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Federal books in surplus territory again in February as spending shrinks

OTTAWA – The federal government’s books were in surplus again in February, another sign that Ottawa is on track to eliminate the deficit.

According to the latest accounting from the Department of Finance, Ottawa recorded a surplus of $1.5 billion in February, compared to a deficit of $600 million a year earlier.

Revenues in February grew 5.2 per cent, while program spending shrank 3.6 per cent. It’s the second month in a row Ottawa has logged a surplus.

For the year to date, the Finance Department report shows the deficit is half the size it was a year ago.

The deficit for the first 11 months of the 2011-2012 fiscal year stood at $14.5 billion, compared to a $28.3-billion deficit for the same period a year earlier.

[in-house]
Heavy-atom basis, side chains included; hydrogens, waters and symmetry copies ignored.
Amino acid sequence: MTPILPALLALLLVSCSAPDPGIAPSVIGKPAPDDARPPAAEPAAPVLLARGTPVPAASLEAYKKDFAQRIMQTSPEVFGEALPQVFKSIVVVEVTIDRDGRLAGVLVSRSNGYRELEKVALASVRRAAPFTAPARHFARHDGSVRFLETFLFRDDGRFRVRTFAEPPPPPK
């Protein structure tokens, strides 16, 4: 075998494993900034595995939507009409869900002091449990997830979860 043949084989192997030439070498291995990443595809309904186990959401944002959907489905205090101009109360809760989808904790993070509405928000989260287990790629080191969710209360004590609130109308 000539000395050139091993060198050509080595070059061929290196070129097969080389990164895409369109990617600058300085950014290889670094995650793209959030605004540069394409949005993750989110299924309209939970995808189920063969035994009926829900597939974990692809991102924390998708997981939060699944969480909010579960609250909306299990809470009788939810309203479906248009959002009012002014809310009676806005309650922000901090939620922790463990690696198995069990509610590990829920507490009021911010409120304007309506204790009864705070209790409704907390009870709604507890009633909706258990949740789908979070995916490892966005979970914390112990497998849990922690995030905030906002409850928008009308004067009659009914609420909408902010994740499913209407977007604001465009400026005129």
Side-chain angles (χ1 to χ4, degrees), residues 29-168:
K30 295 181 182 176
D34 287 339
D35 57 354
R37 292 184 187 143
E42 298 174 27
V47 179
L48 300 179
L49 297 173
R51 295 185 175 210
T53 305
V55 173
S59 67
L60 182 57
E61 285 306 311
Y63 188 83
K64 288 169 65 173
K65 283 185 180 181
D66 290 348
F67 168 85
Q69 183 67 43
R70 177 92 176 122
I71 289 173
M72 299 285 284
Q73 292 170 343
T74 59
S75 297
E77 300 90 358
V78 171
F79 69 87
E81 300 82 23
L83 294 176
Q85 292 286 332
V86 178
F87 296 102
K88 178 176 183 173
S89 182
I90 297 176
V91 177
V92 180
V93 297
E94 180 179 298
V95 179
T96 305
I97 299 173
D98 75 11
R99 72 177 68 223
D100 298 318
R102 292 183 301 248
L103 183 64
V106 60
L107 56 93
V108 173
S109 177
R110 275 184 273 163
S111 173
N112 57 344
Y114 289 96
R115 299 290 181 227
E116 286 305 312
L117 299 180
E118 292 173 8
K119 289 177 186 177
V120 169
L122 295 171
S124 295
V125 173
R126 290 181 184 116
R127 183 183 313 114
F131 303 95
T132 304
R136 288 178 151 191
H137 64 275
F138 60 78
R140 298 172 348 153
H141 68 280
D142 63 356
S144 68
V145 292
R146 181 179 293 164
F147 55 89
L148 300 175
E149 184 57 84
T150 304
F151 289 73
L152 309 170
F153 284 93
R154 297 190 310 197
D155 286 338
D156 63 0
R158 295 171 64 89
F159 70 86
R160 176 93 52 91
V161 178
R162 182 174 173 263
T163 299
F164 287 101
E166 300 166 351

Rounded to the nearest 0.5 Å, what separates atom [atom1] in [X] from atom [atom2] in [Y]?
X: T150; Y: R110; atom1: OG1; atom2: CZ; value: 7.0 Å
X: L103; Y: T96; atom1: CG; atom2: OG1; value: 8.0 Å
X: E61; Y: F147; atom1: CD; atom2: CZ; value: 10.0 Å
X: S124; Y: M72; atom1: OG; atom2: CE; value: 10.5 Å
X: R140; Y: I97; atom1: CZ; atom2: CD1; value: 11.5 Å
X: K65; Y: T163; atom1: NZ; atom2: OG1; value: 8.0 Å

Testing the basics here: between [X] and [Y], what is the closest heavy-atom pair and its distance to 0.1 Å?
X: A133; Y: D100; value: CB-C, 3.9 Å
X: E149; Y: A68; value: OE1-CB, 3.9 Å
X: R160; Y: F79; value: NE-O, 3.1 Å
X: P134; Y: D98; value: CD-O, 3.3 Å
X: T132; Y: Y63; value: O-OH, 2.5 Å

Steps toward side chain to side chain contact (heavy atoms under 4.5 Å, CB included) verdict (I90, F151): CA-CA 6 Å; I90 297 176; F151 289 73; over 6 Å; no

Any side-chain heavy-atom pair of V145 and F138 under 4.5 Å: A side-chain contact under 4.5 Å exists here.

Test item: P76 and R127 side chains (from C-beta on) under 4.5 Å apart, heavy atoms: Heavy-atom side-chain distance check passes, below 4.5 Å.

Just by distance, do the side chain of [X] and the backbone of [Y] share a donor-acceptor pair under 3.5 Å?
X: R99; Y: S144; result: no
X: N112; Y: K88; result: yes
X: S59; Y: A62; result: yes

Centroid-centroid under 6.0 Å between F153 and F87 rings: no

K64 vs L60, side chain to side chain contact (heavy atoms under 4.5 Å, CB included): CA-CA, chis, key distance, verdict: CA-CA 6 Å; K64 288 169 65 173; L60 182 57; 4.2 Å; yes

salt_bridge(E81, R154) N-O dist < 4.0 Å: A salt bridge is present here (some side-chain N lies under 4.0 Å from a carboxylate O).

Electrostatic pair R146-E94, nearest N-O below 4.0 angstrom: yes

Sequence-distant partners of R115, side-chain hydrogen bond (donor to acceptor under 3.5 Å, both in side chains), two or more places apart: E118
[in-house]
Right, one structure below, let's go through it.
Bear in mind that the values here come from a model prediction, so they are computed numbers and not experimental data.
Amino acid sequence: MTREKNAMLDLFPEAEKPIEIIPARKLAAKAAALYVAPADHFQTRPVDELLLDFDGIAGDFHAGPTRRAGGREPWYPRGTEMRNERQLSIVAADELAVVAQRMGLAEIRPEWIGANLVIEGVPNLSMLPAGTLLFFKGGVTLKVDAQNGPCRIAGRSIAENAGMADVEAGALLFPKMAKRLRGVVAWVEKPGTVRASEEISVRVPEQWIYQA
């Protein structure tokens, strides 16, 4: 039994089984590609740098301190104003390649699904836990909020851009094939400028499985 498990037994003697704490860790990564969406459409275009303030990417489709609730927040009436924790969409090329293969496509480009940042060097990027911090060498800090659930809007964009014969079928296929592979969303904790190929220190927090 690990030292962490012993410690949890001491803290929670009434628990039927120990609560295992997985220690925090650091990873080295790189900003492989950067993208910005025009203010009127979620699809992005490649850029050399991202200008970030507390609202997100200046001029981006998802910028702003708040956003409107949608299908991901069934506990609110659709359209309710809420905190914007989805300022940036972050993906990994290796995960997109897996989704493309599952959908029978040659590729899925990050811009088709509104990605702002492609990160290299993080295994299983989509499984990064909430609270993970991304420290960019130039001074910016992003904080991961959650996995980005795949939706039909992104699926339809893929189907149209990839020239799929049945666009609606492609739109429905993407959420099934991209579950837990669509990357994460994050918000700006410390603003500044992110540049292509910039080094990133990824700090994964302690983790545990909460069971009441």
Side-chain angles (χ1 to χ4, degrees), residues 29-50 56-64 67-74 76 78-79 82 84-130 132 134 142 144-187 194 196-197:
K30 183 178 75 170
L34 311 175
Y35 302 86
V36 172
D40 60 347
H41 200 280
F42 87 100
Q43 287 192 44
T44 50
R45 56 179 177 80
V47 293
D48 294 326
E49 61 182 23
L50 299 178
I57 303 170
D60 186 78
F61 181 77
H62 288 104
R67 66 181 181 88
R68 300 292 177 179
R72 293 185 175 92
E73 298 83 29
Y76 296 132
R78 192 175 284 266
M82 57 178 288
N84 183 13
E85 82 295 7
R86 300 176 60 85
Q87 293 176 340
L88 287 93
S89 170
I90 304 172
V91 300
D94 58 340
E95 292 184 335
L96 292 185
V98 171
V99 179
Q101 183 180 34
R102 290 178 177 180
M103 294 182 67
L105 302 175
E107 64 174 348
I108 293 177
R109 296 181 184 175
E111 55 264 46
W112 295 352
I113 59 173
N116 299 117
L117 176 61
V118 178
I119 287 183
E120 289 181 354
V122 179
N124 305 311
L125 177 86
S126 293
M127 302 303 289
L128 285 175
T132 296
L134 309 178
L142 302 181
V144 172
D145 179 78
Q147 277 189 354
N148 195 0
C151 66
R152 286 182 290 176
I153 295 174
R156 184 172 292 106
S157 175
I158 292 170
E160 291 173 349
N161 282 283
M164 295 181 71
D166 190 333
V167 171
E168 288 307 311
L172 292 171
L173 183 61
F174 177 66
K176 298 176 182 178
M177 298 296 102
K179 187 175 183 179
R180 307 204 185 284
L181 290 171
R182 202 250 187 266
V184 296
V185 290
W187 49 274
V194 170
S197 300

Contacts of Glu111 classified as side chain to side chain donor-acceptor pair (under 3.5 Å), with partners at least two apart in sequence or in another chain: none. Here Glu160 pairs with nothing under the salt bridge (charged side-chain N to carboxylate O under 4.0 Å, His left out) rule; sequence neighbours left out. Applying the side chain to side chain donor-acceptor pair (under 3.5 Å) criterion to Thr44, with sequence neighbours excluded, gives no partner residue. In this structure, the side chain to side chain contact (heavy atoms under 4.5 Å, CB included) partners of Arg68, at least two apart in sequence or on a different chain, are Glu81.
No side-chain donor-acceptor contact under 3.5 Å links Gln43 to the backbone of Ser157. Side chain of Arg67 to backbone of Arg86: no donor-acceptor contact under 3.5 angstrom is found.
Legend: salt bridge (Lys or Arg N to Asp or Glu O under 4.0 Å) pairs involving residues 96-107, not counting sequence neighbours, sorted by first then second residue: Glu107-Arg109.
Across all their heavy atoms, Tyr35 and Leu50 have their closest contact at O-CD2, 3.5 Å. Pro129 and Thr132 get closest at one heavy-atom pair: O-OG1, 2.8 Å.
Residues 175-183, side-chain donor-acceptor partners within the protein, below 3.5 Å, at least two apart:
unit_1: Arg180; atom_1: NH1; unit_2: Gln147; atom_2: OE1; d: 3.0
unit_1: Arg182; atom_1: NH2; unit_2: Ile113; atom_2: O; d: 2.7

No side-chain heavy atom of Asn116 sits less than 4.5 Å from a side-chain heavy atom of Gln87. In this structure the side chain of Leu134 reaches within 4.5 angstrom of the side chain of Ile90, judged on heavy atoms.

The rapidly shrinking deficit means that even after year-end adjustments, Ottawa is well on its way to meeting its target of a $24.9-billion deficit for 2011-2012.

The federal books have improved mainly because revenue — especially from personal and corporate income taxes — was on the rise over the past 11 months.

At the same time, Ottawa cut spending. Program expenses for the first 11 months of the year were down $4 billion, or 1.9 per cent, from the same period in the 2010-2011 fiscal year.

That’s because employment insurance benefit payments slid by $2 billion, or 11.2 per cent, and spending on infrastructure has dwindled as the government wound down its stimulus plan.